WKU POP 201

Introduction to Popular Culture Studies

Yaaar, fork over your doubloons and iTunes!

Posted by toppermike on October 31, 2016

I apologize in advance for any typos. I just drove home to Louisville so I can cast an absentee vote tomorrow, and there is now about fifteen pounds of vibrating cat on my lap that hasn’t seen me since August.

The key question: Is piracy bad? The answer is obvious… if you’re a listener/viewer or the DMCA. If you’re the first, Hell no! Think about all the music you’ve undoubtedly listened to on YouTube. Pretty great being able to tell whether or not you like something before you go spend your hard-earned cash on it. An album off iTunes? That’s like nine tacos and tax dude. An actual physical copy? That’s the price of a discount meal from Wendy’s. Maybe your a classier, vinyl-only kind of guy. That’s a steak dinner right there. Plus, not having to pay for it might mean you spread it on towards friends before you ultimately decide whether or not to pay for it.

 

As for the DMCA, piracy is straight up evil. And you’re the devil for wanting to do it. And the Recording Industry Association of America agrees (Weird Al made a joke of this in his song “Don’t Download This Song” which you can find here https://www.youtube.com/watch?v=zGM8PT1eAvY ). Why do they believe this? THe DMCA is out there to protect the rights of artists, and the RIAA is too… though they also want to profit from the venture. To look at it from their perspective, if you ran a bakery, you probably wouldn’t want people to walk in constantly and take stuff off your shelves without paying for it.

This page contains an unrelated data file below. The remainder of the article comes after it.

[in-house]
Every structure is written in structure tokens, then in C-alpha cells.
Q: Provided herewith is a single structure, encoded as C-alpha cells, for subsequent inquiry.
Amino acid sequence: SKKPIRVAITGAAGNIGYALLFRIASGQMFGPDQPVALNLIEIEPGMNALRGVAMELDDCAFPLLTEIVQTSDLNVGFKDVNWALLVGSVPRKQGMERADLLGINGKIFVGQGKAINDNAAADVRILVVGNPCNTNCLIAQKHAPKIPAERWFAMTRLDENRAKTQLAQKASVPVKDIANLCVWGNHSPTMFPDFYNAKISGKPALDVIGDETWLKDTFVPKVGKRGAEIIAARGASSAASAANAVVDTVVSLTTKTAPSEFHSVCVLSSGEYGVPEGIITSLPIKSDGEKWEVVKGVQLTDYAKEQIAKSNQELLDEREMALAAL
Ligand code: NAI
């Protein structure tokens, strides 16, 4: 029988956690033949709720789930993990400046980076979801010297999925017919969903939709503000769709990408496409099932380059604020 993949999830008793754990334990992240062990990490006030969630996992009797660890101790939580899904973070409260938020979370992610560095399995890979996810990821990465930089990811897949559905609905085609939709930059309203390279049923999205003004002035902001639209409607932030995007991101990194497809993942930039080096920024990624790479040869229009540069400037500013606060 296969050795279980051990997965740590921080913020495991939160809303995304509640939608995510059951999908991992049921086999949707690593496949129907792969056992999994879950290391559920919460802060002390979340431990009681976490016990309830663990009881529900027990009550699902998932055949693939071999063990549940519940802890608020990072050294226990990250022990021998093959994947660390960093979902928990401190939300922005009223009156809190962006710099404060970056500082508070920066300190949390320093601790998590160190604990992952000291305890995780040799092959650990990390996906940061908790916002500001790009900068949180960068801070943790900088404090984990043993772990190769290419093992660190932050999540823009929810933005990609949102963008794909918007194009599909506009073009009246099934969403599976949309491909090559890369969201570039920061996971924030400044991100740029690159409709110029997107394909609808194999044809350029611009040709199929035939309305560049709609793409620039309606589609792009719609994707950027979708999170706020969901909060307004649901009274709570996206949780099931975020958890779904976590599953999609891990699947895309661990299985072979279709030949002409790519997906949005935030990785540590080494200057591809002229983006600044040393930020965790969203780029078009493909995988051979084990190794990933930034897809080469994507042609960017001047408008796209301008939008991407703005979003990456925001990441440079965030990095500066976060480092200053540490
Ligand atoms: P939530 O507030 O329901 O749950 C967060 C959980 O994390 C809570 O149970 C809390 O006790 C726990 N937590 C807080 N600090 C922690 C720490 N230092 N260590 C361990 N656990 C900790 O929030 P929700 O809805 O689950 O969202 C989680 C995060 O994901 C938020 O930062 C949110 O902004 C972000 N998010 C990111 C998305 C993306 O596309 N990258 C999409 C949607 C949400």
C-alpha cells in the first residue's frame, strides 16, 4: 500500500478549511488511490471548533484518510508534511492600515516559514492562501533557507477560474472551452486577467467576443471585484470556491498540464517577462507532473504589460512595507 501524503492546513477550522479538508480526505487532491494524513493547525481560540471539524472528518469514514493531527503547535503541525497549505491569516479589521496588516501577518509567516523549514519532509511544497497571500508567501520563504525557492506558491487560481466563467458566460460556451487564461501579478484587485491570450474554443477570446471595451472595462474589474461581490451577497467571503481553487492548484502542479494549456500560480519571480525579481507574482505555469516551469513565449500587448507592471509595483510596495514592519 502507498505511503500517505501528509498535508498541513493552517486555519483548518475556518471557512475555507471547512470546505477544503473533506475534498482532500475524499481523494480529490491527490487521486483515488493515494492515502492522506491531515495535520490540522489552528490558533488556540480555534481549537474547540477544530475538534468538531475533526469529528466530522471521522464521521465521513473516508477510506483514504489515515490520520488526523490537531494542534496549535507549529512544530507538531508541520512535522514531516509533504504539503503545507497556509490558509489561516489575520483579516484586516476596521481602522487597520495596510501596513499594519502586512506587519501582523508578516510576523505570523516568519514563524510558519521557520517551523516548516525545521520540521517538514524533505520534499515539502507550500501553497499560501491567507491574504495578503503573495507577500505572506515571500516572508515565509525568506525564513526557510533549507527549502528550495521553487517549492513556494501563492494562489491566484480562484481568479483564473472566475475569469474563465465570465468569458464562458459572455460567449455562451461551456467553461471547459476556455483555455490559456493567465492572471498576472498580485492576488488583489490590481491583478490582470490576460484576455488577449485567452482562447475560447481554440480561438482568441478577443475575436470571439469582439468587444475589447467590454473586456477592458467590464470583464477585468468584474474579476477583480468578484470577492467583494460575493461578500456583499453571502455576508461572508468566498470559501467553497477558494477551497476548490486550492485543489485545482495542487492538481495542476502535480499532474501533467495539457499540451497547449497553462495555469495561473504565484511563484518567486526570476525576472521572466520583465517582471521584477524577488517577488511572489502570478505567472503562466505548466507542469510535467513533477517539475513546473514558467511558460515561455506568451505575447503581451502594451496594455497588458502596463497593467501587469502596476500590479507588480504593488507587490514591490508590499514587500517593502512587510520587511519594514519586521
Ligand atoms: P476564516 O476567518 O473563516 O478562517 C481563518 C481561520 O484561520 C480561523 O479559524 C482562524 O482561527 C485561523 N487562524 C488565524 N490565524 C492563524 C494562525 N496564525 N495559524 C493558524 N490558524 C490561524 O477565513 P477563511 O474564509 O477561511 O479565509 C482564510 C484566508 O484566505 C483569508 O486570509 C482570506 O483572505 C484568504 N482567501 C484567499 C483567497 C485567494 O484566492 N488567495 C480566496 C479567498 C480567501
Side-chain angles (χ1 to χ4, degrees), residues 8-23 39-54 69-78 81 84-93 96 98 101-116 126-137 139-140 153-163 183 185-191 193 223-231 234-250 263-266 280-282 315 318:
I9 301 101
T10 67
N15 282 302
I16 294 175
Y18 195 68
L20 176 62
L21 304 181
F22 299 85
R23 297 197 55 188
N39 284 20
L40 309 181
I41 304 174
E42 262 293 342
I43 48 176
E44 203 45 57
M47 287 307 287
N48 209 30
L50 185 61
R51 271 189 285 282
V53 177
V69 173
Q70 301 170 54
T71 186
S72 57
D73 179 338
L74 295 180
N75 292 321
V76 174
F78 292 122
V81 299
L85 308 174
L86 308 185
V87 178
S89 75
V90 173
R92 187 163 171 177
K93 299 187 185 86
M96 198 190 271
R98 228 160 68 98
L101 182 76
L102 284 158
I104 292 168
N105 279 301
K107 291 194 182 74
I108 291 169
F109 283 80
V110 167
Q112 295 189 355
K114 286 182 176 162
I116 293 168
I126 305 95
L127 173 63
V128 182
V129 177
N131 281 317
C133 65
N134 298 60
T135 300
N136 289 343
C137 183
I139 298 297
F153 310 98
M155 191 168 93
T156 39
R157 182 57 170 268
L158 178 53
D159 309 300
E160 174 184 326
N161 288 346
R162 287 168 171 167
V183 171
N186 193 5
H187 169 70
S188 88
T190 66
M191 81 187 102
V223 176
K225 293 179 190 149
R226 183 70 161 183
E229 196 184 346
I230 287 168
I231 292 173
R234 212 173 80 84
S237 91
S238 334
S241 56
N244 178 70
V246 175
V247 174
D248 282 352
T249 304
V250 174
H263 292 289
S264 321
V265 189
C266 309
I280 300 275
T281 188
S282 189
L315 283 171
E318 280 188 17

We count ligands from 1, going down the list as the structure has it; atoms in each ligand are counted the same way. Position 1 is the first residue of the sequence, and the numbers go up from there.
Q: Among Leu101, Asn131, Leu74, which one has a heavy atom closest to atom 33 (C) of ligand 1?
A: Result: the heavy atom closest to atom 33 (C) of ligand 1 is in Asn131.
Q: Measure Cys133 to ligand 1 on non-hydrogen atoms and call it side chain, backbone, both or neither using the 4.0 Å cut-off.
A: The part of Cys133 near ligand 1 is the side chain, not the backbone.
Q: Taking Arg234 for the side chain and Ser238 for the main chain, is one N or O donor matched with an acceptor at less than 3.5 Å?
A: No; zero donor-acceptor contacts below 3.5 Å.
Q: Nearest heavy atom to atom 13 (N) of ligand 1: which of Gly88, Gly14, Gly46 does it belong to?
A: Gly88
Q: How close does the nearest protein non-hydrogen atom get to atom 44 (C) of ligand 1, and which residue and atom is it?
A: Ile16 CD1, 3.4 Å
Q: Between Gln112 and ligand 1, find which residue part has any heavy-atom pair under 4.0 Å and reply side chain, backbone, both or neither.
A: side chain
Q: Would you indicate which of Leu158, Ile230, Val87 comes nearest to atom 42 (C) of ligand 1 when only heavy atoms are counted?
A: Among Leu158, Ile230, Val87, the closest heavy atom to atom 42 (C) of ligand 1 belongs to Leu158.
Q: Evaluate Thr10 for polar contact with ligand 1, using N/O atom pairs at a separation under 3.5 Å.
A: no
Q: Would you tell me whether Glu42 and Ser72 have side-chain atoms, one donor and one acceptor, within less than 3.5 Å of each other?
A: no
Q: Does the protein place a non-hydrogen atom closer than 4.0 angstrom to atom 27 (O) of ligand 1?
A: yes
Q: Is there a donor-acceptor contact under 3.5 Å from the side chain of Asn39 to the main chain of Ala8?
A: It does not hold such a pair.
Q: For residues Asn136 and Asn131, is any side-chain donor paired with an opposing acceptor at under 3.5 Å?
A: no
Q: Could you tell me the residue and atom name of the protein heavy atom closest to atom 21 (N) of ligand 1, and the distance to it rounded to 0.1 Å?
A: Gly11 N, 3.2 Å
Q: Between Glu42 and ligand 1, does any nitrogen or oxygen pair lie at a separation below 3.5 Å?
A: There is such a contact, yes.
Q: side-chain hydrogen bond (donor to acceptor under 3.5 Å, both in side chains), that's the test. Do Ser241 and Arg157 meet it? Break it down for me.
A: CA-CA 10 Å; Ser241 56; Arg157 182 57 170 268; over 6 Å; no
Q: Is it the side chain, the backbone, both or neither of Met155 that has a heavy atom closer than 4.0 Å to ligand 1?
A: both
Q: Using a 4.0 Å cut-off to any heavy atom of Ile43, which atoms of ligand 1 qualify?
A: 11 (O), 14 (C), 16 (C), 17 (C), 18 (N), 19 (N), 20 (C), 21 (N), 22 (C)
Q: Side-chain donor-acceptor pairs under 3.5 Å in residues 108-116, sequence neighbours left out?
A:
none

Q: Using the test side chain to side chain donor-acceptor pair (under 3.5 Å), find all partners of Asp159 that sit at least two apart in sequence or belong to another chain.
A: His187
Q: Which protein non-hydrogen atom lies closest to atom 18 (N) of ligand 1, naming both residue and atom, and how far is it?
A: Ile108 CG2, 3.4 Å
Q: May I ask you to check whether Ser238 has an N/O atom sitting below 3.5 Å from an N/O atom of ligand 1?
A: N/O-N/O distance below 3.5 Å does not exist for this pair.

The real question here is how do artists feel about it. Undoubtedly, some of them are pretty against it. Which is totally fair. Others, however, want people to know about them. If I were starting out as a musician, I would want as many people to know about me as possible, and a good way to do that is to make music free to listen to so that people have an awareness. Plus, once people know about the band, there are other ways to support them. Psychostick, a parody metal band, for example, financed their CDs through fan donations. And besides, listening to music on YouTube isn’t so different from hearing it on the radio. You don’t pay any money to listen to the radio, after all.

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2 Responses to “Yaaar, fork over your doubloons and iTunes!”

  1. tycamchan said

    I know that if I was a musician I would want as many people as possible seeing and listening to my material. But nowadays its so easy for people to become “stars” that a lot of the good stuff gets overlooked, I feel. And these overnight celebrities are growing and growing.. Pretty soon people are gonna get famous just from crying when they come outta the womb!

  2. caitgate said

    When I like a song, I play it on Youtube a lot to make sure I actually want it before I go and buy it. It is so much more convenient to just look it up on Youtube than it is to go to iTunes, wait 10 years for it to actually open, buy the song, download it, then transfer it to my phone. I feel like artists just wanting to spread their music is kind of similar to artists that are on Spotify. Spotify is a free app and most artists on there, however some choose not to be.

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